The exact number of levels in Chinese Hell – and their associated deities – differs according to the Buddhist or Taoist perception. Some speak of three to four ‘Courts’, other as many as ten. The ten judges are also known as the 10 Kings of Yama. Each Court deals with a different aspect of atonement. For example, murder is punished in one Court, adultery in another. According to some Chinese legends, there are eighteen levels in Hell. Punishment also varies according to belief, but most legends speak of highly imaginative chambers where wrong-doers are sawn in half, beheaded, thrown into pits of filth or forced to climb trees adorned with sharp blades.
However, most legends agree that once a soul (usually referred to as a ‘ghost’) has atoned for their deeds and repented, he or she is given the Drink of Forgetfulness by Meng Po and sent back into the world to be reborn, possibly as an animal or a poor or sick person, for further punishment.
Zoroastrianism has historically suggested several possible fates for the wicked, including annihilation, purgation in molten metal, and eternal punishment, all of which have standing in Zoroaster’s writings.Zoroastrian eschatology includes the belief that wicked souls will remain in hell until, following the arrival of three saviors at thousand-year intervals, Ahura Mazda reconciles the world, destroying evil and resurrecting tormented souls to perfection.
The sacred Gathas mention a “House of the Lie″ for those “that are of an evil dominion, of evil deeds, evil words, evil Self, and evil thought, Liars.” However, the best-known Zoroastrian text to describe hell in detail is the Book of Arda Viraf. It depicts particular punishments for particular sins—for instance, being trampled by cattle as punishment for neglecting the needs of work animals. Other descriptions can be found in the Book of Scriptures (Hadhokht Nask), Religious Judgments (Dadestan-i Denig) and the Book of the Judgments of the Spirit of Wisdom (Mainyo-I-Khard).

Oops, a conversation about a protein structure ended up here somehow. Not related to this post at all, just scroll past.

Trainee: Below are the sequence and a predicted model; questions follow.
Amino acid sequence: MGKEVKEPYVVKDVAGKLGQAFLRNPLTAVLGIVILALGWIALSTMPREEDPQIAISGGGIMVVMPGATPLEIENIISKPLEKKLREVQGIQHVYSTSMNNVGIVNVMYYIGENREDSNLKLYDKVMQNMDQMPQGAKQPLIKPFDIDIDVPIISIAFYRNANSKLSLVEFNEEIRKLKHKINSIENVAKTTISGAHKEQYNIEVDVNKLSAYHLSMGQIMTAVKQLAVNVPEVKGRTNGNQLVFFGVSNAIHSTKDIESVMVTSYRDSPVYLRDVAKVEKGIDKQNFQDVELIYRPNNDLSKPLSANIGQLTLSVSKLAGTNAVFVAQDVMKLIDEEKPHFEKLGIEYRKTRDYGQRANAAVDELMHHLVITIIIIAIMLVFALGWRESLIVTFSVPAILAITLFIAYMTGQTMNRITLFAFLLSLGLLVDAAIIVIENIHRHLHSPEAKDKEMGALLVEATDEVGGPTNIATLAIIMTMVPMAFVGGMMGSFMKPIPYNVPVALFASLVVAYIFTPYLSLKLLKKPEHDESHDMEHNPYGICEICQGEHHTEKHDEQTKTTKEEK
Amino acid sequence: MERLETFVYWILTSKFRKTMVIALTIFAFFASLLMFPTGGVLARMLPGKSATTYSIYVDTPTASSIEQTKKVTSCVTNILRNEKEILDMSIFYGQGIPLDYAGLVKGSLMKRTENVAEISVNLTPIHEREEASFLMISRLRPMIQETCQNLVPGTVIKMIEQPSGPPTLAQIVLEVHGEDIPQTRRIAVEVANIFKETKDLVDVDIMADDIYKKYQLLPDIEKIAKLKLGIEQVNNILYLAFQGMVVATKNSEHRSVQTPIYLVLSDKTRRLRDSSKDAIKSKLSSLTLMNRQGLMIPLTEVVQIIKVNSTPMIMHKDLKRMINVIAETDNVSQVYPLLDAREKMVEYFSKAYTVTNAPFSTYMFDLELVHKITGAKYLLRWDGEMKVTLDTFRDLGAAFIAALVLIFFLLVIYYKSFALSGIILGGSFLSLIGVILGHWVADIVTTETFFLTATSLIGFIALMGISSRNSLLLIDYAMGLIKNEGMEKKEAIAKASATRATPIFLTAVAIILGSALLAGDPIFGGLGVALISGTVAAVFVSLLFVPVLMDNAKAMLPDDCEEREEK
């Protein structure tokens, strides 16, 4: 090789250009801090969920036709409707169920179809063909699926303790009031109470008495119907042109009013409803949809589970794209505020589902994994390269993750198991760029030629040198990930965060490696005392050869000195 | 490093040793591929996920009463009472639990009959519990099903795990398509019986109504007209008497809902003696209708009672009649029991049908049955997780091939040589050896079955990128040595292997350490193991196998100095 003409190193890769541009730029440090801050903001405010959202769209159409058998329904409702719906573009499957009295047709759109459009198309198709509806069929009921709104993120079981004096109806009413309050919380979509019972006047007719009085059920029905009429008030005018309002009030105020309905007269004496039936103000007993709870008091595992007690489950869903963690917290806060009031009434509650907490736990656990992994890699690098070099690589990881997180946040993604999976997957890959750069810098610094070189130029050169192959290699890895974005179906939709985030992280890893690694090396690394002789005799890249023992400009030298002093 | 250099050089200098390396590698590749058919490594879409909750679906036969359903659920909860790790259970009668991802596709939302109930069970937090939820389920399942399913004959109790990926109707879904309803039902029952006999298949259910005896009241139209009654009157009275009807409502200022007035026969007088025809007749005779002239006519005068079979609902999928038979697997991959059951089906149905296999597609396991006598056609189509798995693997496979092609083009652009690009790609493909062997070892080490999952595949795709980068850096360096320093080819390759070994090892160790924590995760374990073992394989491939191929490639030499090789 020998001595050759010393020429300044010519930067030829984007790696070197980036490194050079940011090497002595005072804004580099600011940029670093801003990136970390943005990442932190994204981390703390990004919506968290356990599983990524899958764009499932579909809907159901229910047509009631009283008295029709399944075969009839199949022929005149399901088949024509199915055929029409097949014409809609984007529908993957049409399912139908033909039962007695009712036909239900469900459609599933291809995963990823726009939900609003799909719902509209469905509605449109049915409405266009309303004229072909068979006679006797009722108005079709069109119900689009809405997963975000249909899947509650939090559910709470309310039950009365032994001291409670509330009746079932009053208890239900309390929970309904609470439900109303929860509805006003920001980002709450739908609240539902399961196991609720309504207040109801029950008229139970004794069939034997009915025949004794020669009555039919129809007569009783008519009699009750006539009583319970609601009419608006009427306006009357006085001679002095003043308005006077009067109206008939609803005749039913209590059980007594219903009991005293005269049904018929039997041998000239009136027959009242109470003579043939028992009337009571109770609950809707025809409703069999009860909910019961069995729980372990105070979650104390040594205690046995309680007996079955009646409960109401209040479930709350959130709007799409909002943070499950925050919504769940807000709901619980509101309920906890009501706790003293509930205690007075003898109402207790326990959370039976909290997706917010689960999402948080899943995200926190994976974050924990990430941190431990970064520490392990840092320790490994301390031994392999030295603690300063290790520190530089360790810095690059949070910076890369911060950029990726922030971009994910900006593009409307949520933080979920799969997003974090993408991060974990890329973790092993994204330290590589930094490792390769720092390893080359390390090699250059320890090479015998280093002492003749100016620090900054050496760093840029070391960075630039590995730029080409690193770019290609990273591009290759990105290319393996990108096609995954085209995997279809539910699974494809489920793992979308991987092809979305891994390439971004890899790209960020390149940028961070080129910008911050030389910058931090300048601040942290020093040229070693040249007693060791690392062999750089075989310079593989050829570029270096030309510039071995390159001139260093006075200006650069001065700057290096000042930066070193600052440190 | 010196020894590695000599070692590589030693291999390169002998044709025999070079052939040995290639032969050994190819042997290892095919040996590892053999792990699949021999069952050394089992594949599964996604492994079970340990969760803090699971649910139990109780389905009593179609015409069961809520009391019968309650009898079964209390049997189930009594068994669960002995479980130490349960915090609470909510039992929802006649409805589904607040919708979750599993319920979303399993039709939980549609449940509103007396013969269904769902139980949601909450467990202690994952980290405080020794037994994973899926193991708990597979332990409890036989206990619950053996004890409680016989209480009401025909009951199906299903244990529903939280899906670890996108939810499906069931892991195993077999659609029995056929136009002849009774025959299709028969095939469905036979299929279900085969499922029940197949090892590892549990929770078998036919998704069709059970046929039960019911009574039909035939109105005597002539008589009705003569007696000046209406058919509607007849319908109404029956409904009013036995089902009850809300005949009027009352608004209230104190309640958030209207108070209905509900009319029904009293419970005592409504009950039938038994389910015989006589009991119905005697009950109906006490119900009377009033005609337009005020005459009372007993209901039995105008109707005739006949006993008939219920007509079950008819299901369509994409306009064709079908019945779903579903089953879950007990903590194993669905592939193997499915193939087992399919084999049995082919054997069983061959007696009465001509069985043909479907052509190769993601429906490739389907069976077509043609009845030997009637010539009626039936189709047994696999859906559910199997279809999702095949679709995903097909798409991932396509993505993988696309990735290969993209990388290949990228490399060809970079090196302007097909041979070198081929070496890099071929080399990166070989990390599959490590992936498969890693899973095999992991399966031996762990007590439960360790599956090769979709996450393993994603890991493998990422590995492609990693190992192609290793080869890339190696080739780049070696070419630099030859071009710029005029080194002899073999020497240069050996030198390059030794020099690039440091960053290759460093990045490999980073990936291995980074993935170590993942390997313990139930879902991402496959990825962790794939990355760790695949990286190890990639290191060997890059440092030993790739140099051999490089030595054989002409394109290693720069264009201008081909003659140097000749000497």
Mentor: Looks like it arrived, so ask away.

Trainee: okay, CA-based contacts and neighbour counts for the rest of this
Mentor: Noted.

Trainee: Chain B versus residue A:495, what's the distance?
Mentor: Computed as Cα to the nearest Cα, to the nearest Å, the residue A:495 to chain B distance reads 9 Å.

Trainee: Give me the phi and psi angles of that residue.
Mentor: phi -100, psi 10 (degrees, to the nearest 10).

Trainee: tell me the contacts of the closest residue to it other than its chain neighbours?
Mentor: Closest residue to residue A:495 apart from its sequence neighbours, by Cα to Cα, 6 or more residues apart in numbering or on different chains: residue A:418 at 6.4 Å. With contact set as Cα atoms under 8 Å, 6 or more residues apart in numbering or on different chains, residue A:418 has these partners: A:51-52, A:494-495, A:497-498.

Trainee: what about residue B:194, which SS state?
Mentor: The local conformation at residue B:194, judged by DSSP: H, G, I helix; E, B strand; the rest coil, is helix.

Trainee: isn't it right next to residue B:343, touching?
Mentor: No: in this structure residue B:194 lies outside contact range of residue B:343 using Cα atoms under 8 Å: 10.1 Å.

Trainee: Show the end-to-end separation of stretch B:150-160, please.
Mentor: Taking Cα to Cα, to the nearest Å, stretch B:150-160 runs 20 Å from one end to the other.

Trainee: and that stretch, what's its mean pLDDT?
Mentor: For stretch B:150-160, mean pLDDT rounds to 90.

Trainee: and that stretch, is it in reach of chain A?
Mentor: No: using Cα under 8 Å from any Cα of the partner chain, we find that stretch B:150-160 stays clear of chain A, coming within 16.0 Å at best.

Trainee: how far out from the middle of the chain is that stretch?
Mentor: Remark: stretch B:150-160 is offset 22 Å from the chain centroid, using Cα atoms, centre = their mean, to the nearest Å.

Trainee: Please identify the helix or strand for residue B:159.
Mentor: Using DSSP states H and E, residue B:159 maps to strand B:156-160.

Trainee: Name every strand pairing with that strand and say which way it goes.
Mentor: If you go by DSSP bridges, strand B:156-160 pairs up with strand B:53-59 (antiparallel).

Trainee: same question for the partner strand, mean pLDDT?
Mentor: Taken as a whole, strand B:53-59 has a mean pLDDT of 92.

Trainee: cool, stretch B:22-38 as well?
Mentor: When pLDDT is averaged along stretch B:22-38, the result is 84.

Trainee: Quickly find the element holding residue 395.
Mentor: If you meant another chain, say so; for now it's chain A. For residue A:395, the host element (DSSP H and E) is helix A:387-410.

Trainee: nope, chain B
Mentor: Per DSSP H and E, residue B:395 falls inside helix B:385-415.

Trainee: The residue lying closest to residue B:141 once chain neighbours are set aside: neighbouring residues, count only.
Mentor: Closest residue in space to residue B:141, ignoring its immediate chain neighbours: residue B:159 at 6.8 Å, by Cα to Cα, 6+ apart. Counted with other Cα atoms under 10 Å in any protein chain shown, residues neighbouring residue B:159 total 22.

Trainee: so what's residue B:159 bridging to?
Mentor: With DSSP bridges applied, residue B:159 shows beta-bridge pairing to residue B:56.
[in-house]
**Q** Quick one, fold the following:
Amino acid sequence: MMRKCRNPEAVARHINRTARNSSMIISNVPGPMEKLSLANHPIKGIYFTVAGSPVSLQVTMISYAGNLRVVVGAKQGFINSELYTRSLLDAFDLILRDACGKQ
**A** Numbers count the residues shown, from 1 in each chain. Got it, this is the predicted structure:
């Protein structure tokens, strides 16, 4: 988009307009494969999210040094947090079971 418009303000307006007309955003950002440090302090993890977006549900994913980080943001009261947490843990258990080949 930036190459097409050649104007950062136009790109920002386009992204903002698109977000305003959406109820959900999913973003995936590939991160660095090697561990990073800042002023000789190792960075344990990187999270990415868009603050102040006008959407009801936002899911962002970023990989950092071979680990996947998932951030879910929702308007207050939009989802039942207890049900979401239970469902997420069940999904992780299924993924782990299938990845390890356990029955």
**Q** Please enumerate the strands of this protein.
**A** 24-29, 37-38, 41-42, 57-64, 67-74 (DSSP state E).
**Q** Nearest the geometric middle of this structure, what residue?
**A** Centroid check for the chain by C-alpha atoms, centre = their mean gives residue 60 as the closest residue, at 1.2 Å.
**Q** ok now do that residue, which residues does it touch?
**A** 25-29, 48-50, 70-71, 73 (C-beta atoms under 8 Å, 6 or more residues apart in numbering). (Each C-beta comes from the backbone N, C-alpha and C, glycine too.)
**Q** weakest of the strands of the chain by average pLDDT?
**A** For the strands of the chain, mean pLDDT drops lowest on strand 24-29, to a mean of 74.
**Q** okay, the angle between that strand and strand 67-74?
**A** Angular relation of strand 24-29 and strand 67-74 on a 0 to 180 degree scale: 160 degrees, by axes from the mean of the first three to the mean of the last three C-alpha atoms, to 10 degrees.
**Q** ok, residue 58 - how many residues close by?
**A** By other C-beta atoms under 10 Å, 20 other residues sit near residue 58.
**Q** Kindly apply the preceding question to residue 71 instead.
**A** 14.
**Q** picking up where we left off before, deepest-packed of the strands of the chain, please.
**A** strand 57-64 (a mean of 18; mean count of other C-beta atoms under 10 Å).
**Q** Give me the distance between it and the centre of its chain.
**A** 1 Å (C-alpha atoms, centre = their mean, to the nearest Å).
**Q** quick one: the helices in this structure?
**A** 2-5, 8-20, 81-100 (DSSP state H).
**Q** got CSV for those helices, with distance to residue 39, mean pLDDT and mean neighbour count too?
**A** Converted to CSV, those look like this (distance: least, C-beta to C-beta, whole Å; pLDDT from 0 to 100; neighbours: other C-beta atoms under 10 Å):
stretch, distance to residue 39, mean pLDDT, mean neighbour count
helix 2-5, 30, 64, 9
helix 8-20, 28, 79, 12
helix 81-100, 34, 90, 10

In his Divina commedia (“Divine comedy”; set in the year 1300), Dante Alighieri employed the concept of taking Virgil as his guide through Inferno (and then, in the second canticle, up the mountain of Purgatorio). Virgil himself is not condemned to Hell in Dante’s poem but is rather, as a virtuous pagan, confined to Limbo just at the edge of Hell. The geography of Hell is very elaborately laid out in this work, with nine concentric rings leading deeper into the Earth and deeper into the various punishments of Hell, until, at the center of the world, Dante finds Satan himself trapped in the frozen lake of Cocytus. A small tunnel leads past Satan and out to the other side of the world, at the base of the Mount of Purgatory.
John Milton‘s Paradise Lost (1667) opens with the fallen angels, including their leader Satan, waking up in Hell after having been defeated in the war in heaven and the action returns there at several points throughout the poem. Milton portrays Hell as the abode of the demons, and the passive prison from which they plot their revenge upon Heaven through the corruption of the human race. 19th century French poet Arthur Rimbaud alluded to the concept as well in the title and themes of one of his major works, A Season In Hell. Rimbaud’s poetry portrays his own suffering in a poetic form as well as other themes.